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Mountaire Farms opening new Siler City facility
Mountaire Farms is pleased to announce it has entered into an agreement to acquire the former Townsend processing plant and an adjoining property in Siler City on May 5. Work will begin immediately to renovate and update this facility into a modern state-of-the-art food plant. This expansion will add over 500 jobs and will provide a significant contribution to the local economy. In addition to the permanent full time positions, the renovation process will provide employment opportunities for a multitude of skilled contractors and fabricators.
According to Paul Downes, President and CEO, "Mountaire Farms has a long tradition of producing high quality poultry products for our domestic and international customers. The increasing demand for our products requires us to expand our production and we believe North Carolina is the perfect place for that growth. Mountaire has a deep rooted commitment to quality, service, and value and we look forward to growing our business in North Carolina and strengthening the ties we have with the local communities."
Duke Energy among Top 3 in solar energy in the nation
Duke Energy is a national leader for the amount of solar energy connected to the grid for its retail customers. In the Top 10 utility solar lists compiled by the Smart Electric Power Alliance (SEPA), Duke Energy Progress (DEP) was ranked third among all utility companies for bringing on new solar capacity during 2015.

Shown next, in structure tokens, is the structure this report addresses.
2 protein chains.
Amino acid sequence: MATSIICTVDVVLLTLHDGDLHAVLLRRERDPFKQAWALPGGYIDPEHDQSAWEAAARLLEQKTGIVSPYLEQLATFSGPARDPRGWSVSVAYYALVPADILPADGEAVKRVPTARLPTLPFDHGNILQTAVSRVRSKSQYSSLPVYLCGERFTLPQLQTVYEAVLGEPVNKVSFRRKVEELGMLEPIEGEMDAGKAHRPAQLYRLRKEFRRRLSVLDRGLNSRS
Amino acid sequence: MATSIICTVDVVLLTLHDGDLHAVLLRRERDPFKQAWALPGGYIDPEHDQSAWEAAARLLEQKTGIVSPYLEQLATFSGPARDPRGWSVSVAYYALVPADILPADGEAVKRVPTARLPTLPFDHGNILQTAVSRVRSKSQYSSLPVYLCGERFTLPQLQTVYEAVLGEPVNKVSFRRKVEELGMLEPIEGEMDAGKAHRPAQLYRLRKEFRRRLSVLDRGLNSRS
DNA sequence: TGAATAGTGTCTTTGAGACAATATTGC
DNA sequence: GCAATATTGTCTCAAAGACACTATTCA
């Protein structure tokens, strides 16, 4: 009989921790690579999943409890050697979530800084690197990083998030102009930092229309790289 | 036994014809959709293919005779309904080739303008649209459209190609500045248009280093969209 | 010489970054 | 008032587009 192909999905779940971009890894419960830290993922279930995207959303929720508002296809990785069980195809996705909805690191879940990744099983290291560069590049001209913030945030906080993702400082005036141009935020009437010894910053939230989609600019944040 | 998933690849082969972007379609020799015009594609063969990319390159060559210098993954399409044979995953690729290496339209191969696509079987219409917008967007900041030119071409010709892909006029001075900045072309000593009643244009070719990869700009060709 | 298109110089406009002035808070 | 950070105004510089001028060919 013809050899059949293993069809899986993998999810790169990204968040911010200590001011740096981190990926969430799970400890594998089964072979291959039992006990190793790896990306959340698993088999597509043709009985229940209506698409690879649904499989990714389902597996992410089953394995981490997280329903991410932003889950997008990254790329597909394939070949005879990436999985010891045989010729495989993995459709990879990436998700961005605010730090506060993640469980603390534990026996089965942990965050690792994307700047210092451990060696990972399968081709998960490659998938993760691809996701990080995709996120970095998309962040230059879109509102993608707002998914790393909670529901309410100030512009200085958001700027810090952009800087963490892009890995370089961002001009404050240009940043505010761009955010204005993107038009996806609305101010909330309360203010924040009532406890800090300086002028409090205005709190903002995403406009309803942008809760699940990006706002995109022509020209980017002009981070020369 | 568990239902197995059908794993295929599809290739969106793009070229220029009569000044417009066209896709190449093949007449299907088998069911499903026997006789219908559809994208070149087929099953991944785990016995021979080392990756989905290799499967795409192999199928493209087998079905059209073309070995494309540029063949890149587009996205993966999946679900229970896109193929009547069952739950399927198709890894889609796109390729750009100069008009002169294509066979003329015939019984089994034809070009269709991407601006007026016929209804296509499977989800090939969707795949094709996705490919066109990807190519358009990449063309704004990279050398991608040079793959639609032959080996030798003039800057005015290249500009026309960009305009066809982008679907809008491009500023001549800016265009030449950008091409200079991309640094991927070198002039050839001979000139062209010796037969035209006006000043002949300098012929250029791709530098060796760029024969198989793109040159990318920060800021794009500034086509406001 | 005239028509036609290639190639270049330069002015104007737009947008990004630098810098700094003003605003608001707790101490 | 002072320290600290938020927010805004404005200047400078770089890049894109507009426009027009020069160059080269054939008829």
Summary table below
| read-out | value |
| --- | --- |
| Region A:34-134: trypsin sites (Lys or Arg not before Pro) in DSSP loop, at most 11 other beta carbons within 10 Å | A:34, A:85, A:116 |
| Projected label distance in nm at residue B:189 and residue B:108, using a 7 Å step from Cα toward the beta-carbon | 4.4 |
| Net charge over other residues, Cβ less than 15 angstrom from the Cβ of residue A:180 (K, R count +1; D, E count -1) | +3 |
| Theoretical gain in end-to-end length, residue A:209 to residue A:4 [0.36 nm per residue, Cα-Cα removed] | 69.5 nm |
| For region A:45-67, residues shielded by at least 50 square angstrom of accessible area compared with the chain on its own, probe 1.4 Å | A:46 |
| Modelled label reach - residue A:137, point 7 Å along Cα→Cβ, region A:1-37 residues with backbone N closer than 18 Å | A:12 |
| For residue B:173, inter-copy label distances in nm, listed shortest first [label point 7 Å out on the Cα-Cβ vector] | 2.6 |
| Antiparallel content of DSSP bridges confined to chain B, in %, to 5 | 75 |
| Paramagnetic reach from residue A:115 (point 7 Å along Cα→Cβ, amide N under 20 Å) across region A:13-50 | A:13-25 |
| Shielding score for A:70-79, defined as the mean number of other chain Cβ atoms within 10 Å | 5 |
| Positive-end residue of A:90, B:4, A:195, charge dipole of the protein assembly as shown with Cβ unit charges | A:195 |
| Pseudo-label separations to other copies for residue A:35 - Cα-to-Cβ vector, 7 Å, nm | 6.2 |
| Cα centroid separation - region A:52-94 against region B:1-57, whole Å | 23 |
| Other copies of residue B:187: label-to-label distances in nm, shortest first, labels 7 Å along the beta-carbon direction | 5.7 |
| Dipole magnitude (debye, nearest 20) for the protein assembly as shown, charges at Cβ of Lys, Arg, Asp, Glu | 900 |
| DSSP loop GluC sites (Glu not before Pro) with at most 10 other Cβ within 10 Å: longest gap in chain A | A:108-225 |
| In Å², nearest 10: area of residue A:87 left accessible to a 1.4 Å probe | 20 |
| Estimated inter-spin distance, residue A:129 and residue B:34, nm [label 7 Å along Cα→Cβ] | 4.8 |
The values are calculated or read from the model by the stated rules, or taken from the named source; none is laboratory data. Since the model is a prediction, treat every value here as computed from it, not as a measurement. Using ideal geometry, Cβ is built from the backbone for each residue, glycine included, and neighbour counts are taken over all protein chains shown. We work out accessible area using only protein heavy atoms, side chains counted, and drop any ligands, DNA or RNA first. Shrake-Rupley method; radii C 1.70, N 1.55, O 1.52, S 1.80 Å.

"Our customers are experiencing the benefits of Duke Energy's work to support the growth and expansion of solar generation in this region," said David Fountain, Duke Energy's North Carolina president. "We are proud to put more and more solar energy to work for our customers in a way that works for everyone."
DEP's 461 megawatts of owned and purchased capacity for customers in 2015 helped it climb to third in the nation after being fourth the previous year. Overall, North Carolina is fourth in the nation for installed solar capacity. You can view the rankings here.
"We saw record installations of solar in 2015 across the United States. Our Top 10 survey results detail the scale of this growth, and the active role an increasing number of utilities are playing in it," said Julia Hamm, SEPA’s President and CEO. "Consumers want solar, and their interest is driving change and innovation at utilities nationwide."
The rankings were announced in April at the organization’s Utility Solar Conference in Denver. The ninth annual survey includes figures from more than 300 utilities across the country. Since 2007, more than 1,000 projects representing more than 5,000 megawatts of generation have sought interconnection in Duke Energy’s North Carolina service territory. To support this growth, Duke Energy has added a Renewable Service Center, a customer call center designed to help with the high volume of residential solar-related interconnection requests. The company has also increased its engineering, support resources and construction crews for solar power.
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Page 1 - Columbia, Maryland lessons for Chatham Park Part 2 * State of NC Animal Advocacy * What couples can learn when canoeing or kayaking -
Page 2 - Dispatches & Briefs -
Page 3 - Bright line logic and health care -
Page 4 - George M. and Margaret Mae Gaylor Kelley — Missionaries in China -
Page 5 - Amazing Grace: the history and lessons of the song -
Page 6 - Infinite Sky part 6 * Advocacy (cont. from page 1) -
Page 7 - Sweet Sassafras (Sassafras albidum) -
Page 8 -Couples (cont. from page 1) * Lessons (cont. from page 1) -
Page 9 - A beautiful, ancient fish still swims in Chatham County * Judy Hogan's fourth mystery novel -
Page 10 - Chatham Opinion Line -
Page 11 - Chatham Opinion Line -
Page 12 - Chatham Comunidad: Chatham Literacy se ha movido/Chatham Literacy has moved
Chatham Board of Health offers kudos